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U.S. Treasury yields fell Thursday, pressured by worries about the spread of the delta variant of the coronavirus on the economic outlook even as minutes of the Federal Reserve’s July meeting, released a day earlier, showed most policy makers in favor of beginning to scale back monetary stimulus later this year.
What are yields doing?
The yield on the 10-year Treasury note
fell to 1.226%, down from 1.273% at 3 p.m. Eastern on Wednesday. Yields and debt prices move in opposite directions.
The 2-year Treasury note yield
declined to 0.206% from 0.217% late Wednesday.
The yield on the 30-year Treasury bond
dropped to 1.854% from 1.913%.
What’s driving the market?
Investors appeared eager to snap up Treasurys as global equities fell, following a drop by U.S. stocks Wednesday afternoon following the release of the July Fed minutes. U.S. stock-index futures pointed to further losses Thursday.
Yields were largely higher after the minutes of the July policy meeting were published, which showed that “most” Fed officials were in favor of starting to reduce monthly purchases of bonds later this year, though “several” thought the move should wait until next year.
Markets were also reacting to growing worries that rising COVID-19 cases caused by the delta variant of the coronavirus could take a toll on economic activity. The number of U.S. cases of COVID-19 reported Wednesday rose to 140,893, up 47% from two weeks ago, while the daily average for deaths rose to 809, up 97% from two weeks ago and the highest seen since early April, according to a New York Times tracker.
Meanwhile, a U.K. study, from the University of Oxford based on real-world data, showed diminished effectiveness for coronavirus vaccines against the delta variant. After four to five months, the study found that two doses of the vaccine from Pfizer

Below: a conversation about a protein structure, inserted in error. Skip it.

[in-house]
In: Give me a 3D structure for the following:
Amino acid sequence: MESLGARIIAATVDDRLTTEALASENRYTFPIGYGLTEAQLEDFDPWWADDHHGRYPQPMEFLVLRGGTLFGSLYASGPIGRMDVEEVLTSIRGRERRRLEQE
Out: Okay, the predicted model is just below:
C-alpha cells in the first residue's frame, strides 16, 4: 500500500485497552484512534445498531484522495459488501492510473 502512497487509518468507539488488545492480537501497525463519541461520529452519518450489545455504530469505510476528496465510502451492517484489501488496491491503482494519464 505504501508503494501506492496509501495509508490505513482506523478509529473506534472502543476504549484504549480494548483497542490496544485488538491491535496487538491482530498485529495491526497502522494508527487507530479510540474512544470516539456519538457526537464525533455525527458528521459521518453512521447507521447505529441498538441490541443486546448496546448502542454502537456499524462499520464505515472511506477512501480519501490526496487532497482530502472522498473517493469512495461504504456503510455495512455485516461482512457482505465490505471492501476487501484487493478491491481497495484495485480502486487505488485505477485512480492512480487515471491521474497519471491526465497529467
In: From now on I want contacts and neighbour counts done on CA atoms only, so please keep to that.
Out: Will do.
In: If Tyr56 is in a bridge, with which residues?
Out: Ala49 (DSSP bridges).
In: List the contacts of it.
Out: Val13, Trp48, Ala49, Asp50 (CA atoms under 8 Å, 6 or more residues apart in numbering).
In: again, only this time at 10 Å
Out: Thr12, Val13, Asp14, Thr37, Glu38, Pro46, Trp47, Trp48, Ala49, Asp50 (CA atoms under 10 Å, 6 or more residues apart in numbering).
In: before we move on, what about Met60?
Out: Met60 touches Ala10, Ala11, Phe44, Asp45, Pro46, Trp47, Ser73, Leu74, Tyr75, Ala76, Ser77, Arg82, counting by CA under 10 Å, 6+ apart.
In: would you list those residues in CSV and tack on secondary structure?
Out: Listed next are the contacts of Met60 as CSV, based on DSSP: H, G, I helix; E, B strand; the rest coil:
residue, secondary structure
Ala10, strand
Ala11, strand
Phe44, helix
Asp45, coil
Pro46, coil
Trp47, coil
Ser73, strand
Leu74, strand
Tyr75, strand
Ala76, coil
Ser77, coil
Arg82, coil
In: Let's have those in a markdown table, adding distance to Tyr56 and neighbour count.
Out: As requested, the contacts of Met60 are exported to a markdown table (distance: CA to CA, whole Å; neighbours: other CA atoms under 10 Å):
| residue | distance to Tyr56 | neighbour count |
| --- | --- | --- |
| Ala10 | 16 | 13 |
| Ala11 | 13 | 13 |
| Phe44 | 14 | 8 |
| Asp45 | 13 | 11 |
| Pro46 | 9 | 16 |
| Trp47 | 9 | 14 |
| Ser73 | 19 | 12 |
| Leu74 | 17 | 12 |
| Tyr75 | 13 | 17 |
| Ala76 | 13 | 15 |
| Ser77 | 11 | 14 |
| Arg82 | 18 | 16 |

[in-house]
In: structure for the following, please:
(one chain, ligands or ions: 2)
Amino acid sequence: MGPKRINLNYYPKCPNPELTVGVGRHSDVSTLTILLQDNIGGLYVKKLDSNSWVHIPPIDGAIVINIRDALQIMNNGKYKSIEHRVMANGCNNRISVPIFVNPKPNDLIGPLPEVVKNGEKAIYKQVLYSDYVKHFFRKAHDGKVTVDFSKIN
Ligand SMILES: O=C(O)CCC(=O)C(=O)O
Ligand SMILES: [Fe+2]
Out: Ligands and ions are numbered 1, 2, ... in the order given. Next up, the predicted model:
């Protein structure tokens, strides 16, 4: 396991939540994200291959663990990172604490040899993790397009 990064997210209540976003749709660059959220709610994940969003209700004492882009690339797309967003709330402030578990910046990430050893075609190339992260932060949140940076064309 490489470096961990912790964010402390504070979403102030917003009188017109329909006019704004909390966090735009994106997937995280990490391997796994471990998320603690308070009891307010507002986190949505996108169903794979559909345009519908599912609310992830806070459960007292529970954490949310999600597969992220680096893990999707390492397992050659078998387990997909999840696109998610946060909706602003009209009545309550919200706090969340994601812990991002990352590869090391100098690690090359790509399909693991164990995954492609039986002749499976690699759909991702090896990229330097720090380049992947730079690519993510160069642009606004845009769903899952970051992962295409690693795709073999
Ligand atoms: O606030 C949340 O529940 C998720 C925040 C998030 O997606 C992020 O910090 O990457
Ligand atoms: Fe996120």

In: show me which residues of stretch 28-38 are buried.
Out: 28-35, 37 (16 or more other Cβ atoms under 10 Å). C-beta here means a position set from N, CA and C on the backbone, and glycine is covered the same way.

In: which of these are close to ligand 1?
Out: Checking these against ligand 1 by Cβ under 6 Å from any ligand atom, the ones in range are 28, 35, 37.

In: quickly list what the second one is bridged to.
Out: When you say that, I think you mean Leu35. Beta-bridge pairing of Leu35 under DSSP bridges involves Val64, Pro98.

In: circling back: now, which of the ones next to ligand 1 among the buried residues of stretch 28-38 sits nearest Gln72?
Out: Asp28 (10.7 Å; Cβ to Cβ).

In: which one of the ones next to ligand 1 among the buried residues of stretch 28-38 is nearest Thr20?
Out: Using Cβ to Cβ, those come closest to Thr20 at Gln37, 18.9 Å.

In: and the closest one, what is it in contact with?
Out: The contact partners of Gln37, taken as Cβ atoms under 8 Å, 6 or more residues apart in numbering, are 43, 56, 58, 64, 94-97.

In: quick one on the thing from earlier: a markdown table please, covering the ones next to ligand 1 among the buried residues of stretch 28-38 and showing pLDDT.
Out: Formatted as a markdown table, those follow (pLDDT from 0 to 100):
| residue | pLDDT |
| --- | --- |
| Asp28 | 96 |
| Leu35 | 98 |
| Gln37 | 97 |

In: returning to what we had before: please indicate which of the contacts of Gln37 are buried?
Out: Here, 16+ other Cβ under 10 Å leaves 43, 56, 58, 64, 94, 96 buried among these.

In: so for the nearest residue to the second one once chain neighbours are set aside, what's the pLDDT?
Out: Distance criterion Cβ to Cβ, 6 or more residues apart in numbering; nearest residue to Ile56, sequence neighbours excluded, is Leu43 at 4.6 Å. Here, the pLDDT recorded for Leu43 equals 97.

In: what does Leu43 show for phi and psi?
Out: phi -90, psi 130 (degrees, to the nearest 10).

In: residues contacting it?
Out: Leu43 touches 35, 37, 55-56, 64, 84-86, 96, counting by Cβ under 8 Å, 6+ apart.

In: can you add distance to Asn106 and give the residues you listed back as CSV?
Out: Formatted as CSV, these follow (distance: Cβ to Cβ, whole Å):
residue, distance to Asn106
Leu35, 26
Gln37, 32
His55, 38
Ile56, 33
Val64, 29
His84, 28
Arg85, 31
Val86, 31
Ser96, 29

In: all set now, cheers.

was as effective as two Oxford-AstraZeneca
U.S. federal health officials on Wednesday said that those who have received the vaccines from Moderna Inc.
and from Pfizer Inc. and BioNTech SE will be eligible for a third dose, starting in September.
Investors will see weekly U.S. data on first-time applications for jobless benefits at 8:30 a.m. Eastern. Economists expect the number of initial claims last week to fall to 365,000, down from 375,000 the previous week.
The Philadelphia Federal Reserve Bank’s August manufacturing index is also due at 8:30 a.m., while the Conference Board’s index of leading economic indicators is set for release at 10 a.m.
What are analysts saying?
“There are risk-off money flows across asset classes this morning as investors fear that central banks are poised to tighten policy into a global economic slowdown this fall,” said Tom Essaye, founder of the Sevens Report, in a note.
“Core bonds for now can’t choose sides between the upcoming tapering and
risk aversion. We think the risk climate will play first fiddle, suggesting a positive short term bias for bonds,” wrote analysts at KBC Bank in Brussels, in a note.